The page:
Do you know, less than 1% of Museum's collections are on display?
That's fairly typical of museums with large natural history and cultural heritage collections - the collections are used for a myriad of purposes beyond display - research, loans to other organisations, community programs and so on. However, for a long time, we have wanted to make more of our collections accessible to the public. We now have a new facility to help us do that.
This is "The Project Space", on our ground floor, which consists of two very large display cases (which are absolutely beautiful if you are a connoisseur of nice display cases btw). Each one is six metres long and two and a half metres high, so they can hold a huge range of objects - large and small. And as you can imagine, we are having a great deal of fun thinking about what we could put in there.
First up, we remembered how much visitors enjoyed seeing the exotic taxidermy we brought out during our year of biodiversity project 'Alive' in 2010. The big cats, especially, seemed to capture peoples' imagination. So for the school holidays this summer, we have more big cats to show you. There are all historical specimens - dating back to 1890, when we acquired exotic specimens by purchase or exchange with other museums. Nowadays, our collection is much more tightly focussed on Australia and the Pacific.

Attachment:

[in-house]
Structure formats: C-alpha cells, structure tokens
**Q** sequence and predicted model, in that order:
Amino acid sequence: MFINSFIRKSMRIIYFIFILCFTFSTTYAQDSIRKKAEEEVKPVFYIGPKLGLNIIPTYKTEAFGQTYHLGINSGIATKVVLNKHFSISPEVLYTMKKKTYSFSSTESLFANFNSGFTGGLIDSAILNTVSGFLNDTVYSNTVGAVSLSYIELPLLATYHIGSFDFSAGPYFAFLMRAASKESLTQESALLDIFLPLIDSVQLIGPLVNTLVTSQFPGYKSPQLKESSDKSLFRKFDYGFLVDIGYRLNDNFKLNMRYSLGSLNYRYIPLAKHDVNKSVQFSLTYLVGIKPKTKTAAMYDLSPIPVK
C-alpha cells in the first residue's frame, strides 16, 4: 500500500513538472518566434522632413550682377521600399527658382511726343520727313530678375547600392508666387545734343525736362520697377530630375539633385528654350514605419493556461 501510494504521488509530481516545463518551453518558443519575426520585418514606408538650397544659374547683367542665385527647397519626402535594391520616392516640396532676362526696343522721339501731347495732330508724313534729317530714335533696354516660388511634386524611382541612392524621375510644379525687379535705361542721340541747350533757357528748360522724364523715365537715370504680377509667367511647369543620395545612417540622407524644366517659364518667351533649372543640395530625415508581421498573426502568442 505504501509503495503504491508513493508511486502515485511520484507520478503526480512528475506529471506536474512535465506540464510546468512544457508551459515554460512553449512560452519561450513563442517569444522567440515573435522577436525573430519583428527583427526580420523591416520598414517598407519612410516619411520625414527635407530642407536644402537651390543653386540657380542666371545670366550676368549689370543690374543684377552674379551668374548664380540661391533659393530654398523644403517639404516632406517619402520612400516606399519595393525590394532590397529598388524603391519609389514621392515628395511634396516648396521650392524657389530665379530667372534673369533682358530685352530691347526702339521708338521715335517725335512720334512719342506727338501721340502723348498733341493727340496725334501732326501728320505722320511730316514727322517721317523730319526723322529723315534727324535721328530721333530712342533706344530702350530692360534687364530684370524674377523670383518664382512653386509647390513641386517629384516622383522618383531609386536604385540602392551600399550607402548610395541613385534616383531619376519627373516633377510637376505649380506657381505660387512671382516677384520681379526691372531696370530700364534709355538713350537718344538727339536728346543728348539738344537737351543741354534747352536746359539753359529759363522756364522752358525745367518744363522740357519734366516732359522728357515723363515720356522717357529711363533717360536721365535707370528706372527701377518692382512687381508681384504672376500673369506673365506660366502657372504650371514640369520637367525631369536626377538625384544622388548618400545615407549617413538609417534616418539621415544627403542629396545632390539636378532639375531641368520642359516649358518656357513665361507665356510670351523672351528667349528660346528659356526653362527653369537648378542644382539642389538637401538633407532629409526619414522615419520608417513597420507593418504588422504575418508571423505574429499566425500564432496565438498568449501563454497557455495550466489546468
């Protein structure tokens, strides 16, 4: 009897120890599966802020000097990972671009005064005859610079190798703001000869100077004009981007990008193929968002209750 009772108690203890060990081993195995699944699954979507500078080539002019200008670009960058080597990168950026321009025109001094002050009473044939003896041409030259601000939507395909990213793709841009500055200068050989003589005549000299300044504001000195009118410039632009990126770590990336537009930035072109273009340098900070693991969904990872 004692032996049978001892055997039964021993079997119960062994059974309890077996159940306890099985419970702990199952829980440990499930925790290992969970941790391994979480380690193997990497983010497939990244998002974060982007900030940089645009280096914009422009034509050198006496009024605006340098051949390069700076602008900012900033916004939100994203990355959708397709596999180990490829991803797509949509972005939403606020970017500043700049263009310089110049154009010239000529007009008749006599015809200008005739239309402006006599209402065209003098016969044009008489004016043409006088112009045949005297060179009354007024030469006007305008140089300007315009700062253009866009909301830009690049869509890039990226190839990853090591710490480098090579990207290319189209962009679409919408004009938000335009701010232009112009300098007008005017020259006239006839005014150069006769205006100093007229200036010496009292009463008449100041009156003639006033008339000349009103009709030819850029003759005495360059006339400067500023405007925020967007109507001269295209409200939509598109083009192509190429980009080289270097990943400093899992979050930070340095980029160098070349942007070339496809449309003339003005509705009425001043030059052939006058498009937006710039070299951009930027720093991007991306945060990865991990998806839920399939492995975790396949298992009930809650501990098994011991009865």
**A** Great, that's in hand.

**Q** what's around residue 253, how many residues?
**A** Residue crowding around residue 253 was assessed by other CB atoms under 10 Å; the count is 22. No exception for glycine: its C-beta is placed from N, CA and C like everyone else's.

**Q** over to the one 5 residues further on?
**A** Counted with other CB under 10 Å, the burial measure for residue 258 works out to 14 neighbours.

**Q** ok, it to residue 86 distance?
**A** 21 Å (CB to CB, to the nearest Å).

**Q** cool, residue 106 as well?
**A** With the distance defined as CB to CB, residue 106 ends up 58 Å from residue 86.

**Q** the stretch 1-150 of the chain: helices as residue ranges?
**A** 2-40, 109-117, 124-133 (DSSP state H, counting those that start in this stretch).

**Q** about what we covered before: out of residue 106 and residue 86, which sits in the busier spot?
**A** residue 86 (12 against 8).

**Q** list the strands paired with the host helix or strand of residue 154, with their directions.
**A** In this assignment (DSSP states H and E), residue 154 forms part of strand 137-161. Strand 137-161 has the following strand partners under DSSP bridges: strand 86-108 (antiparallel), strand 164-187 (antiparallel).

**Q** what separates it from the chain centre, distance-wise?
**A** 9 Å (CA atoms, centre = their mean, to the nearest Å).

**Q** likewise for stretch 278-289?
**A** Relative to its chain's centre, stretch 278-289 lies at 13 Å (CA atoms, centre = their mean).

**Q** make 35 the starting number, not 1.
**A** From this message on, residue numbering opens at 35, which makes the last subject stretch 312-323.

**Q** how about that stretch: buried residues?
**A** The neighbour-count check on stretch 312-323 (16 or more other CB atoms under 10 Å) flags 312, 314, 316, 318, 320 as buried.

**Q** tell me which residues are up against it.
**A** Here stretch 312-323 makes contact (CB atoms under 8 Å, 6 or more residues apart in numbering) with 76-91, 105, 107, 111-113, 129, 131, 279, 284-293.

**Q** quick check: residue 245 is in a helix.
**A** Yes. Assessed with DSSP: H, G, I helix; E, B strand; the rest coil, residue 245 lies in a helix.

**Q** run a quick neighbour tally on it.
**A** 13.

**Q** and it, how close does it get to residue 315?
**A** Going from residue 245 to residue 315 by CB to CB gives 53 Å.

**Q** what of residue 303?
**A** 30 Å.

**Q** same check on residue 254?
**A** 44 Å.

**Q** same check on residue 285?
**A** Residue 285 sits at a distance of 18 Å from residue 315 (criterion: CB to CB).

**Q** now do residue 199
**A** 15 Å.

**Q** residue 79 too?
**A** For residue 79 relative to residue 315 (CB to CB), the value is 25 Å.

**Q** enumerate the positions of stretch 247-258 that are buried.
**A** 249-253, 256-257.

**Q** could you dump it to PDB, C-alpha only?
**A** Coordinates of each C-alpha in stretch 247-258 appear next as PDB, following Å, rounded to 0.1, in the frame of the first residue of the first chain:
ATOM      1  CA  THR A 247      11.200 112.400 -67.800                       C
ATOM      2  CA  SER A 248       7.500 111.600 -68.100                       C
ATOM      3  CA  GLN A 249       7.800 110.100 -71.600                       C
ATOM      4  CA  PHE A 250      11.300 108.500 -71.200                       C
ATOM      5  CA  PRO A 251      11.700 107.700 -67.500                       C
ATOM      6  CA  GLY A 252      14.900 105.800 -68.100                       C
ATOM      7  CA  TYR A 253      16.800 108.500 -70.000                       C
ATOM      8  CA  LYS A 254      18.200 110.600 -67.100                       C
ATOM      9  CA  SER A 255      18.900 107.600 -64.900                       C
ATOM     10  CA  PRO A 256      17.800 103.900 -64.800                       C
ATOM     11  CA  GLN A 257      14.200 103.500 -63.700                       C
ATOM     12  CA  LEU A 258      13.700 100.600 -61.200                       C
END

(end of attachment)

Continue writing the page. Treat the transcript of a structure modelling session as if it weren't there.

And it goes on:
And it is the Pacific that links the second project, which we'll tell you much more about in February - when we put up 'Spirit Faces' a dramatic group of masks from across the Pacific. Our conservation department are working on them now.
We'd love to know if there are any objects, specimens or collections from our vaults that you would love to see us put into the Project Space. Please let us know via the comments here, or through our Facebook Page if there's anything you're desperate to see, and we'll add it to the mix!